RMI Petrol has claimed that the emergence of two-tier fuel pricing in the UK is severely damaging the independent petrol retailing sector and is calling for another OFT inquiry.

Hypermarkets are now blatantly using fuel as a ’loss leader’ to attract consumers to their stores according to the CEO of one of the big four, claims RMI Petrol, and with overall fuel volumes declining, the independent’s trade is being squeezed with some retailers quoting reductions between 15 and 25% year to date.

Certain oil companies now appear to be responding to this threat by reducing prices on their own forecourts to levels below which they supply their dealers, operating on a solus-tied contract, with the same brand fuel.

The competition authorities have looked into the issue before, and in May 1998, the Office of Fair Trading (OFT) found no competition concerns.

Brian Madderson, chairman of RMI Petrol, said: "RMI Petrol would welcome another OFT Inquiry although we do have real concerns that it will again be too restricted and focus on short-term aspects by concluding yet again that the onward march of hypermarkets selling at below cost, triggering the last remaining big brand oil companies to follow suit, is a perfect example of competition working to the consumers benefit.

“What is really needed is a broader examination which looks carefully at the collateral damage such unregulated pricing is causing to our energy resilience and the wider economy, especially all those SMEs that the coalition government is backing to provide new jobs and the seeds of economic re-growth.

“If the situation is left as it is, there will be irreparable damage to the already struggling independent petrol retail sector with many more going out of business. Since the 1998 OFT Report numbers have dropped alarmingly from over 14,000 forecourts to less than 9,000 today. Site closures have been averaging around 400/500 every year.

"The particular area of concern is the UK’s important rural economies where consumers will have to drive substantially increased distances to fill-up if their local independent petrol retailer is forced out of business."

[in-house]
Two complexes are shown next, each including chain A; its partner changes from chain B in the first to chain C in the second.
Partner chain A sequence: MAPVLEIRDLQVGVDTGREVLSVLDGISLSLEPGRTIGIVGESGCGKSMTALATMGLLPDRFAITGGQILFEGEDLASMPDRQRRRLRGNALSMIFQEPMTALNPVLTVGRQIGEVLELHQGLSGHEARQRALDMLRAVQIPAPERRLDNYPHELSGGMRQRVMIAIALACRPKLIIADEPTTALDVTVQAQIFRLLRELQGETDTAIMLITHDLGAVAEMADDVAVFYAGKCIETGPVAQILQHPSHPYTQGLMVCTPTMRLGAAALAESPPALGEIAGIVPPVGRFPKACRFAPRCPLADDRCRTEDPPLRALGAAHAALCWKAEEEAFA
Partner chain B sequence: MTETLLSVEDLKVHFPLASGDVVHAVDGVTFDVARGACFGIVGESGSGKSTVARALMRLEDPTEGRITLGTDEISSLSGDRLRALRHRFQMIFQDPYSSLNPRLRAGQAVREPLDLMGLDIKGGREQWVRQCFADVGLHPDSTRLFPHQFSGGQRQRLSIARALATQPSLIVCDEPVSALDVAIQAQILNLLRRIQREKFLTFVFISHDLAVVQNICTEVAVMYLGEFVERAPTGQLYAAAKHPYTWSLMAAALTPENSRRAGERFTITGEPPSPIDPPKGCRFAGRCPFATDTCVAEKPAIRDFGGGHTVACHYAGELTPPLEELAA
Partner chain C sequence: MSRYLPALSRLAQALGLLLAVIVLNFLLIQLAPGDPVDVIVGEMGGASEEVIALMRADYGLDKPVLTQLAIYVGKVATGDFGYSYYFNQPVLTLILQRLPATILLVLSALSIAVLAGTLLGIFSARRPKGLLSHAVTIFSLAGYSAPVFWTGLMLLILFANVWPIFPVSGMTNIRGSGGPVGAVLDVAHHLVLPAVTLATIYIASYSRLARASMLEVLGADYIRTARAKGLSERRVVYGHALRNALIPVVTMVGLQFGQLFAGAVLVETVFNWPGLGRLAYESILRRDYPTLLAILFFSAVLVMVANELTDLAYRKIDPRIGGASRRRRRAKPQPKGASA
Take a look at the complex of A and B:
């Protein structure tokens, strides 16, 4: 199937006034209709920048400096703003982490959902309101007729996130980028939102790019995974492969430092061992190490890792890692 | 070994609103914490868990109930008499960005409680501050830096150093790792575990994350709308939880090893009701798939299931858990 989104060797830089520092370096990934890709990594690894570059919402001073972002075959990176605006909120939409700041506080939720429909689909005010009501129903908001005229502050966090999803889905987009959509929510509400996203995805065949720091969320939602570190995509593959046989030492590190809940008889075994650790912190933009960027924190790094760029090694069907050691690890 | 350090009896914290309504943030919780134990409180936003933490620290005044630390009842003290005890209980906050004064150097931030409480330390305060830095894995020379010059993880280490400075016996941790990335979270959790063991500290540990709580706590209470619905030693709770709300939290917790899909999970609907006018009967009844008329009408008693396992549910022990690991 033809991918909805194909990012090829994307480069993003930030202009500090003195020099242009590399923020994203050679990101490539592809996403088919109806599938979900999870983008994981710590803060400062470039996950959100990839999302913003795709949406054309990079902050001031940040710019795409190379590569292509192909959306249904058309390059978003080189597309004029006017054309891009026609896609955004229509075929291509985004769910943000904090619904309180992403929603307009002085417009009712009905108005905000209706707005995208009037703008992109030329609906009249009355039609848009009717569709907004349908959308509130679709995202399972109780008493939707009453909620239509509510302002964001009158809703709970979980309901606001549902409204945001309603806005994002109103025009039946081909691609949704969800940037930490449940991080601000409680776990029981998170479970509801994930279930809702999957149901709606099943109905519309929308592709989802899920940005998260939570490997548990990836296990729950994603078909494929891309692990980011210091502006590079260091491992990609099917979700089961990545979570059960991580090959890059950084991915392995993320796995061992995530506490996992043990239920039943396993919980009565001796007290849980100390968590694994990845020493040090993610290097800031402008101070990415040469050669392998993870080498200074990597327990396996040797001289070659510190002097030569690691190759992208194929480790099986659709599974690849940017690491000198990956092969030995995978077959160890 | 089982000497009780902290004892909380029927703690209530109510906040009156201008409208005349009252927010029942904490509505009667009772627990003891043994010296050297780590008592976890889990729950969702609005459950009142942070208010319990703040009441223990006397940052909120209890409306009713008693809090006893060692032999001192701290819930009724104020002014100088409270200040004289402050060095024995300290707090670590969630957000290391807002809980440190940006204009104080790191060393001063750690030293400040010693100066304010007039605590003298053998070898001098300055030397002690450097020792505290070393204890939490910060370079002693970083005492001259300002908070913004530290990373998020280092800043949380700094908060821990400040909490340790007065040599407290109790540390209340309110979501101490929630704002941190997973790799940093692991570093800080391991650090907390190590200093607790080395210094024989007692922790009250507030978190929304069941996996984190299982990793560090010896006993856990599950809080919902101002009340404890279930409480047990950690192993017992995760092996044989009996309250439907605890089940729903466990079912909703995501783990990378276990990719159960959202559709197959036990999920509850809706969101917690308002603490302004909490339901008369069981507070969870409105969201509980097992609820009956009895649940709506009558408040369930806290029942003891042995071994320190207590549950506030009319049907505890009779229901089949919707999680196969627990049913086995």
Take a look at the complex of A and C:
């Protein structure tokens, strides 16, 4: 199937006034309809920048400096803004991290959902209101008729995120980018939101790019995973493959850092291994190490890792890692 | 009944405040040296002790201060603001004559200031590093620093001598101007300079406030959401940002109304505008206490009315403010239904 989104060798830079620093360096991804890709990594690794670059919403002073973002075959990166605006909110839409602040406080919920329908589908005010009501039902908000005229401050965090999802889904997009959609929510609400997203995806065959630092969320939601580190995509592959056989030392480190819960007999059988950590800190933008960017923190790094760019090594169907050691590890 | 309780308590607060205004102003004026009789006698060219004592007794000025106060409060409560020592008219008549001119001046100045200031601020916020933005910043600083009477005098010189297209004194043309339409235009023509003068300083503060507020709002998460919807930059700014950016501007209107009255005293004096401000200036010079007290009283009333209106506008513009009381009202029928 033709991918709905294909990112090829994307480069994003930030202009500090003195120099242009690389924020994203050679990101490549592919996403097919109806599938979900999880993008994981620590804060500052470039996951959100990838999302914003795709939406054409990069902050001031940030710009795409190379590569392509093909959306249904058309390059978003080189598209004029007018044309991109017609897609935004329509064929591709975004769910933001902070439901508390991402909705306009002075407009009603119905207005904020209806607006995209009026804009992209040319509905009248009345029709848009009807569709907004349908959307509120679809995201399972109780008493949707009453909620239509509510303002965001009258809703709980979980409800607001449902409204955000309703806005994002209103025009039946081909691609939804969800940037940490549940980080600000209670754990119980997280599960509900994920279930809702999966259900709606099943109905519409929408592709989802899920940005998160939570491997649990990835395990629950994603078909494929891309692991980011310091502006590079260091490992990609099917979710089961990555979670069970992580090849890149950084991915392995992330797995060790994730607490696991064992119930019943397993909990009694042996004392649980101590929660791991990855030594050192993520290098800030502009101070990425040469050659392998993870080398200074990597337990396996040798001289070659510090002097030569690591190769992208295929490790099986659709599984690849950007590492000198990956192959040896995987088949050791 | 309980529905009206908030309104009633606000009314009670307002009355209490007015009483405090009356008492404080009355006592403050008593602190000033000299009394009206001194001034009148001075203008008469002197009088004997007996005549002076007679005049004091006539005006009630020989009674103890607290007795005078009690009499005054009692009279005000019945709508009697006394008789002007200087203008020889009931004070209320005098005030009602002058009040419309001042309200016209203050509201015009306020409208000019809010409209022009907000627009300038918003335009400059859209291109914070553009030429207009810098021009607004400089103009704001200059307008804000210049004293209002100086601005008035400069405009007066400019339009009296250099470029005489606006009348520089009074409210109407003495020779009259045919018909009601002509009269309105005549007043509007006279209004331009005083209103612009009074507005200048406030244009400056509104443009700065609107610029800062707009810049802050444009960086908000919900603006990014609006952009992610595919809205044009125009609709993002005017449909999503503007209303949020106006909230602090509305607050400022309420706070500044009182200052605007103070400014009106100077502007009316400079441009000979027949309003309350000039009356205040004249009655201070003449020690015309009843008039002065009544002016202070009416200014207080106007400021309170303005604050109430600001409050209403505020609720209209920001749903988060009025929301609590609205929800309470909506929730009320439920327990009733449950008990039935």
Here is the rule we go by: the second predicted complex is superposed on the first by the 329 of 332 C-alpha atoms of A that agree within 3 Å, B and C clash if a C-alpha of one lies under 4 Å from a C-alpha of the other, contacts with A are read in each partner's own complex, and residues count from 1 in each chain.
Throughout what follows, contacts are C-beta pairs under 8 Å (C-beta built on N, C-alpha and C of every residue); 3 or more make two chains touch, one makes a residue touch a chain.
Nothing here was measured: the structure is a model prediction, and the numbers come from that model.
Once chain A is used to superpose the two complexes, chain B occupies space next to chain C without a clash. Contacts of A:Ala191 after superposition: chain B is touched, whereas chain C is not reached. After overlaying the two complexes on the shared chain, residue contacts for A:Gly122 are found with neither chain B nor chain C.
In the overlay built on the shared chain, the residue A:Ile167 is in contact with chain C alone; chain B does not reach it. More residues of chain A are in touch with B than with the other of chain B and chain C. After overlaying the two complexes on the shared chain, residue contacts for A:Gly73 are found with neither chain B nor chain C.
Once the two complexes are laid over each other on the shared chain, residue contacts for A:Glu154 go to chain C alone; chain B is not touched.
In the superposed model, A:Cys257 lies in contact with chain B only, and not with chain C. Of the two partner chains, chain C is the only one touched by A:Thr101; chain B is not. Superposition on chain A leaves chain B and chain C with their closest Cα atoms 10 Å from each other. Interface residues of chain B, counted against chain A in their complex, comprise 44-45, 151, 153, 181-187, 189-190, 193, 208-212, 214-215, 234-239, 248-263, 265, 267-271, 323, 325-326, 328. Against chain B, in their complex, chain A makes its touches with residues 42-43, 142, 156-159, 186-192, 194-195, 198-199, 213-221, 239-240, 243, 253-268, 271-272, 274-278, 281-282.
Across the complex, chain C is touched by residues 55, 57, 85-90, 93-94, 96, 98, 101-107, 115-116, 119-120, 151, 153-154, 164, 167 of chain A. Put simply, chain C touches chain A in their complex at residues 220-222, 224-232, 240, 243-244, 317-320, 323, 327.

In a series of BBC news interviews over the bank holiday weekend Madderson explained how he thinks supermarkets are using their size to produce an advantage on the forecourt, leading retailers to claim they are under-charging for fuel.

Madderson said: “We will never have the same prices as the supermarkets – we understand that. But as long as they price fairly – ie not below cost – and provided the oil companies price on their sites at the same level as they’re supplying us (independent retailers), that’s a level playing field and we’re happy to compete.”

Supermarkets have the scale to offer competitive prices, they can also cross-subsidise from one part of the business to the other. However Mark Todd, petrol director at Morrisons, said: “There’s no question of us selling fuel below cost. As wholesale costs have been rising quite steeply in recent months it’s been very competitive at the bottom end and we have been leading prices down. It’s the nature of competition rather than two-tier pricing.”

Meanwhile there has been reporting in the national press that the European Commission has begun an inquiry into petrol pricing amid allegations that the full benefit of recent steep falls in the global price of oil are not being passed on to motorists.

Details of the inquiry emerged in correspondence seen by The Times from Neelie Kroes, the EU’s Competition Commissioner.

In the correspondence, Ms Kroes apparently reveals that the Commission had begun a study of the relationship between wholesale fuel prices and pump prices in European countries, after pressure from the Fédération Internationale de l’Automobile, the European umbrella organisation for motorists’ groups, including the AA and RAC in Britain.